In these studies, timed experiments used sequential blocking by specific agents including aphidicolin (aph) (DNA polymerase inhibitor causing G1/S block), HU (RNR inhibition), specific kinase inhibitors (i.e., psrc or pcdk2 inhibition), and DFO. Cells were > 90 in G1 phase due to contact inhibition and stimulated to proliferate by subculture in “fresh” medium in 10% fetal calf serum (FCS) Timed studies were performed at the time of the proliferation stimulus, the addition of these specific agents, and “release” (wash out) of these agents. “Release medium” containing heat inactivated FCS was added after the attached cells were extensively washed with phosphate buffered saline. In previous studies we found that medium such as RPMI (supposedly with no added iron salts or FCS) actually contains 1–2 μmol/L of contaminating iron salts and about 0.6 μmol iron/L presumably bound to the transferrin in fetal calf serum. The initial DFO effect was associated with G1 arrest, persistence of cyclin E protein but inhibition of cyclin E/cdk2 complex activity, and no measurable cyclin A protein. DFO washout and media replacement resulted in the rapid disappearance of cyclin E (Figure 1). The block by aph was associated with a slight widening of G1 phase suggesting arrest at G1/S, but more importantly cyclin A protein was evident with no discernible cyclin E present. In contrast HU treatment exhibited a block in early to mid-S phase. DFO added slightly before release from aph showed cell cycle changes similar to HU suggesting that this block was due to RNR inhibition (Figure 2). These results were confirmed by studies of a unique cell line with a much higher rate of proliferation that consistently was resistant to the G1 effects of iron depletion. It also exhibited persistent cyclin A protein, perhaps due to less contact inhibition.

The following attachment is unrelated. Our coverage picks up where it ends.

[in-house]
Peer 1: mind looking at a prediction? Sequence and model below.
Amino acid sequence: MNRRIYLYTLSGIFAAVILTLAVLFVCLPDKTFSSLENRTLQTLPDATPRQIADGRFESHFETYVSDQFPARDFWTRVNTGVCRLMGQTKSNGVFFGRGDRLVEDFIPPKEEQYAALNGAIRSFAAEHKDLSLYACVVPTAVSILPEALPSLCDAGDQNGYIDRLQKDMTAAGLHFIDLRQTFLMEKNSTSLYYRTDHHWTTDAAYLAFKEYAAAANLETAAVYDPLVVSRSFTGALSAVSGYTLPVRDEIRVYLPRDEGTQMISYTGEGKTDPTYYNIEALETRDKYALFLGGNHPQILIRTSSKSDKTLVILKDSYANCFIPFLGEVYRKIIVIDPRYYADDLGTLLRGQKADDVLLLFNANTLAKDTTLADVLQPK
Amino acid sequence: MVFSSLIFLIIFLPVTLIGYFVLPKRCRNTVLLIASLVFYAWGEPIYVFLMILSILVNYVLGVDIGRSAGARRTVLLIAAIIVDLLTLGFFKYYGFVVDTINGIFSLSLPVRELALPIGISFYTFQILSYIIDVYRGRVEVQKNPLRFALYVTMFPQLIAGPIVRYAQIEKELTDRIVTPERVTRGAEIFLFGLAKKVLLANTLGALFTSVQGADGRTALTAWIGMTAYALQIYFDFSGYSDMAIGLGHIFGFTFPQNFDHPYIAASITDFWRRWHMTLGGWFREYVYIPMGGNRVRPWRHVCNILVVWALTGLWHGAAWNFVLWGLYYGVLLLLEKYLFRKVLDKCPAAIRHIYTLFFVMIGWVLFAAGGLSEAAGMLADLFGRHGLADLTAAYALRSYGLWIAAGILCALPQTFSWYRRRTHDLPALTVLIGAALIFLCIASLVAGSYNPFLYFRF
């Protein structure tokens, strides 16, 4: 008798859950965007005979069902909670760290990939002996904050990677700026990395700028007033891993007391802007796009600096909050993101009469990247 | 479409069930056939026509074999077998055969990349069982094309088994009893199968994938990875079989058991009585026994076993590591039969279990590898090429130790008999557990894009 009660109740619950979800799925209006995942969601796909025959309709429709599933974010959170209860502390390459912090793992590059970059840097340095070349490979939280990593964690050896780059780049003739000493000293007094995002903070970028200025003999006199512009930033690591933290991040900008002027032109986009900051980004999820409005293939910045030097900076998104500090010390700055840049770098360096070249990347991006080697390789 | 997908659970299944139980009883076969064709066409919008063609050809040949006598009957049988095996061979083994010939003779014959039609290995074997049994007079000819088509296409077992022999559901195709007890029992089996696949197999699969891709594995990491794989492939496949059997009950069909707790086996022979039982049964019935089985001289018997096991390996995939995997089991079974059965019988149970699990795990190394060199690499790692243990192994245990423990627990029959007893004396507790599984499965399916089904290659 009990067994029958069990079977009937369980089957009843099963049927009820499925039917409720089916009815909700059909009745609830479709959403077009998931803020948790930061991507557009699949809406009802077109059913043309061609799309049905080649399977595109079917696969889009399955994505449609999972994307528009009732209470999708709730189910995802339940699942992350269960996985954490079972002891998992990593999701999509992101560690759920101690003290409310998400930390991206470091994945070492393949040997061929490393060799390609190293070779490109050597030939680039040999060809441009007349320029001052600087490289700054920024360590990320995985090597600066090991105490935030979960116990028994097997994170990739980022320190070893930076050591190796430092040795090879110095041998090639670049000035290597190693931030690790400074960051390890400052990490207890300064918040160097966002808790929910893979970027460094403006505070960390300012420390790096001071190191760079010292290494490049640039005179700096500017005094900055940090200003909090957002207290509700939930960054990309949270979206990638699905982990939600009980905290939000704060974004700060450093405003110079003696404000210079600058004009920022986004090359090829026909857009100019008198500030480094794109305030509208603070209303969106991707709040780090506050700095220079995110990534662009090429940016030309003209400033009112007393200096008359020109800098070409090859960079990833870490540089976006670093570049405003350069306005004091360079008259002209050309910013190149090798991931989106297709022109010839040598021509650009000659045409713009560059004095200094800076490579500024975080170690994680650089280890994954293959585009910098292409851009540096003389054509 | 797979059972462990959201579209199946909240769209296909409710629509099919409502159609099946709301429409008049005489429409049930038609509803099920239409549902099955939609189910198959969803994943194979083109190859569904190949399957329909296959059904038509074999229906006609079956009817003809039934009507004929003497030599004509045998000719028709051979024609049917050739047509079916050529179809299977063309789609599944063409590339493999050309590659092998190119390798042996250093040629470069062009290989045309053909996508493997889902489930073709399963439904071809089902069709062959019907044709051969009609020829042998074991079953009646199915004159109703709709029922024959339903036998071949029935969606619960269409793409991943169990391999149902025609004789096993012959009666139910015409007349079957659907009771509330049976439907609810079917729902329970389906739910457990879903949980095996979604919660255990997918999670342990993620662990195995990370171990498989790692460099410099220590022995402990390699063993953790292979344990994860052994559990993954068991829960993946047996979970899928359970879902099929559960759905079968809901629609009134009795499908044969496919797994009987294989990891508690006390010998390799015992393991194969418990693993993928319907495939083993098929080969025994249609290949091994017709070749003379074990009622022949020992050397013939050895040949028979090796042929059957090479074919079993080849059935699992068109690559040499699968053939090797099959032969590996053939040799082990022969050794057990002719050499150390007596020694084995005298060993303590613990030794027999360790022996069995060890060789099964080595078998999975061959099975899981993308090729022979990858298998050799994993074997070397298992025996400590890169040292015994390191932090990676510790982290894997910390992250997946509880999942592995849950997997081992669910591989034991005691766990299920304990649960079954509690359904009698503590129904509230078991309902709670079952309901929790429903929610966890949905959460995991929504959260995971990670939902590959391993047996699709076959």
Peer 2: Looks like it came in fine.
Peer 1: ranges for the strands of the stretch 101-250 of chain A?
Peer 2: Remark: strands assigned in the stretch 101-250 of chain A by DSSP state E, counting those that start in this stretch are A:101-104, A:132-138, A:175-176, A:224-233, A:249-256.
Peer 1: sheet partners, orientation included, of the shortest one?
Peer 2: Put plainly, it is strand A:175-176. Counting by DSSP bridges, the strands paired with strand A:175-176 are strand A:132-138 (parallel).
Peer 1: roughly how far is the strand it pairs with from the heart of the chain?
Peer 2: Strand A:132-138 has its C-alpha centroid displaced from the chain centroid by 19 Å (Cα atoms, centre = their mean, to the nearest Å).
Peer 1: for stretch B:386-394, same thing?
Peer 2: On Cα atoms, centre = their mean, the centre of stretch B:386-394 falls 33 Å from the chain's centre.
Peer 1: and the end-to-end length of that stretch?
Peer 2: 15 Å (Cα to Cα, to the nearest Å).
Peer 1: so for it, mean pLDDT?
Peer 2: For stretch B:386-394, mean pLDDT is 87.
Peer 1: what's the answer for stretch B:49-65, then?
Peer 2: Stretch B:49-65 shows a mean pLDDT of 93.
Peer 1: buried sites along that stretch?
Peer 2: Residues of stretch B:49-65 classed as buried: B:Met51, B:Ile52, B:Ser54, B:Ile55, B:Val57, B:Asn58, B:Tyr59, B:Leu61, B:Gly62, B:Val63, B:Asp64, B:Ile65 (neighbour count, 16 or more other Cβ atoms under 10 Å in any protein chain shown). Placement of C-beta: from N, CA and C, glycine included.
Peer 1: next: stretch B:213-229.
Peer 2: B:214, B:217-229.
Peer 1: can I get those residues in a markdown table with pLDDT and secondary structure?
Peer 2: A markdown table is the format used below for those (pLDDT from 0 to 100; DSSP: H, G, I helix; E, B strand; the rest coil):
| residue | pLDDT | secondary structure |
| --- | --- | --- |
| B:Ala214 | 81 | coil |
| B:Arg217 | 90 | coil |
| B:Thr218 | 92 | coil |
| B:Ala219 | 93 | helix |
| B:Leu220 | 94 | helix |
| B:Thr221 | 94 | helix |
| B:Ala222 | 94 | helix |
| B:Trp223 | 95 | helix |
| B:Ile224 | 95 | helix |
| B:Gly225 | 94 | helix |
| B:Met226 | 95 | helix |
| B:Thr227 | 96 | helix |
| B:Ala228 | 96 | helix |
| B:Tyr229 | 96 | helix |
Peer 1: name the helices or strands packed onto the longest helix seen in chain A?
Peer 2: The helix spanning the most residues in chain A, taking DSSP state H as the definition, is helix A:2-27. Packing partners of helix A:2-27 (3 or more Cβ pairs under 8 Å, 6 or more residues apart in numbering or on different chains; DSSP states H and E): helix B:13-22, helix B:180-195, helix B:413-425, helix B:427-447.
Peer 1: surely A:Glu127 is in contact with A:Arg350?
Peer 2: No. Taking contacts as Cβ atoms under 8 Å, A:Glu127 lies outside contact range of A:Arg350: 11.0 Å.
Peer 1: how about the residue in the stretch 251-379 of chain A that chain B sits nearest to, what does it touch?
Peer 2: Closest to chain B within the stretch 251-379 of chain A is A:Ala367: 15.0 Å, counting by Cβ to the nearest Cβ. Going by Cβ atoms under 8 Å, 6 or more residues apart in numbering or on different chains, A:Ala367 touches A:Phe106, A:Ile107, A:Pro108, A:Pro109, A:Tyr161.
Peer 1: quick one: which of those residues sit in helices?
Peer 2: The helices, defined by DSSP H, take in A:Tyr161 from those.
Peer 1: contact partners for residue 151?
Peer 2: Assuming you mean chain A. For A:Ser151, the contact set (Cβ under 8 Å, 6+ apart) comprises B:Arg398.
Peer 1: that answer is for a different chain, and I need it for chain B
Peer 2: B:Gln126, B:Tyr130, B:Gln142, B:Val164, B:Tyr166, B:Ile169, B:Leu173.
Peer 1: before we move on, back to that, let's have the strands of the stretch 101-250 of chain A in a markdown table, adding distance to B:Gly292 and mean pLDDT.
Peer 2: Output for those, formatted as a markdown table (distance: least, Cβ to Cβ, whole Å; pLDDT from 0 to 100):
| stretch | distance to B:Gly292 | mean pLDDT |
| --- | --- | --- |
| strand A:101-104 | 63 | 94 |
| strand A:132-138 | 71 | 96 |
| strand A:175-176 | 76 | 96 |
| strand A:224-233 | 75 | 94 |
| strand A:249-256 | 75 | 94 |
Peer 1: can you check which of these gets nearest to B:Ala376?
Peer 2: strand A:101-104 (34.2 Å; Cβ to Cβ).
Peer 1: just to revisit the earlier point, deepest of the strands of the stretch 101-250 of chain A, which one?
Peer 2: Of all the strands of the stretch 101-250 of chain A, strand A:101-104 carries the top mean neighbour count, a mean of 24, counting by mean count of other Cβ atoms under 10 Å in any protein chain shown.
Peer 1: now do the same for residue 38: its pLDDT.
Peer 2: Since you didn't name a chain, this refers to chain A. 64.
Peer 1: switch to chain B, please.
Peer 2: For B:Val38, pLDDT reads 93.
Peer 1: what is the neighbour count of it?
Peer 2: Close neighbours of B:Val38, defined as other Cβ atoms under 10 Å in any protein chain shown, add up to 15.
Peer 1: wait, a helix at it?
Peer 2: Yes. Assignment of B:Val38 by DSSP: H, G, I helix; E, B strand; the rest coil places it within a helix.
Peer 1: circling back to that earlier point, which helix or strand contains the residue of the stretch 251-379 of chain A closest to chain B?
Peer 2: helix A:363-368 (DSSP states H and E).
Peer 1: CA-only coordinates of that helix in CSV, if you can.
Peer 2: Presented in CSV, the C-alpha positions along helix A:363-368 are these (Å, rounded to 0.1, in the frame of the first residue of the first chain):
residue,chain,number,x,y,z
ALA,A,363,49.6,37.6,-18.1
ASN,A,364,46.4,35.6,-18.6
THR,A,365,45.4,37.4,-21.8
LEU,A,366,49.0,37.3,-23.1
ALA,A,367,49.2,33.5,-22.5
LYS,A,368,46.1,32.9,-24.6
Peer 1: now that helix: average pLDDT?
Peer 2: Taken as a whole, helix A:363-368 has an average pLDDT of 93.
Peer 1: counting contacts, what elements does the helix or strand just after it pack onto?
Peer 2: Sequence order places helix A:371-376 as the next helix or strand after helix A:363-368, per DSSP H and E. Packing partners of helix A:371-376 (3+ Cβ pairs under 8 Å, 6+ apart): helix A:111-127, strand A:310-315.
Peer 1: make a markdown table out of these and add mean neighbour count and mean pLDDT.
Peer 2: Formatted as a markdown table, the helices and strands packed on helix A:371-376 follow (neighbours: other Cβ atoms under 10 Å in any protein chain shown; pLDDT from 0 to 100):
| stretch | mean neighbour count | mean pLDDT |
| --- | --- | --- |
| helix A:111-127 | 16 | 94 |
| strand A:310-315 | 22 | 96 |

Recent studies have indicated at least one reason for the G1 block is an iron requirement for psrc activation. Src is inactive in the absence of iron as demonstrated by both lack of phosphorylation of Y416 (active site) and persistent phosphorylation at the inactivating Y527. Progression of mammalian cells into S phase from late G1 also requires the activation of cdk2 by cyclin E. Cdk2 bound to P27 is in an inactive state. In our studies, although the rapid activation of src with iron repletion was short-lived, it was rapidly followed by P27 degradation allowing for activation of cdk2 by its phosphorylation at THR 160 presumably resulting in activation of the cdk2/cyclin E complex (Figures 3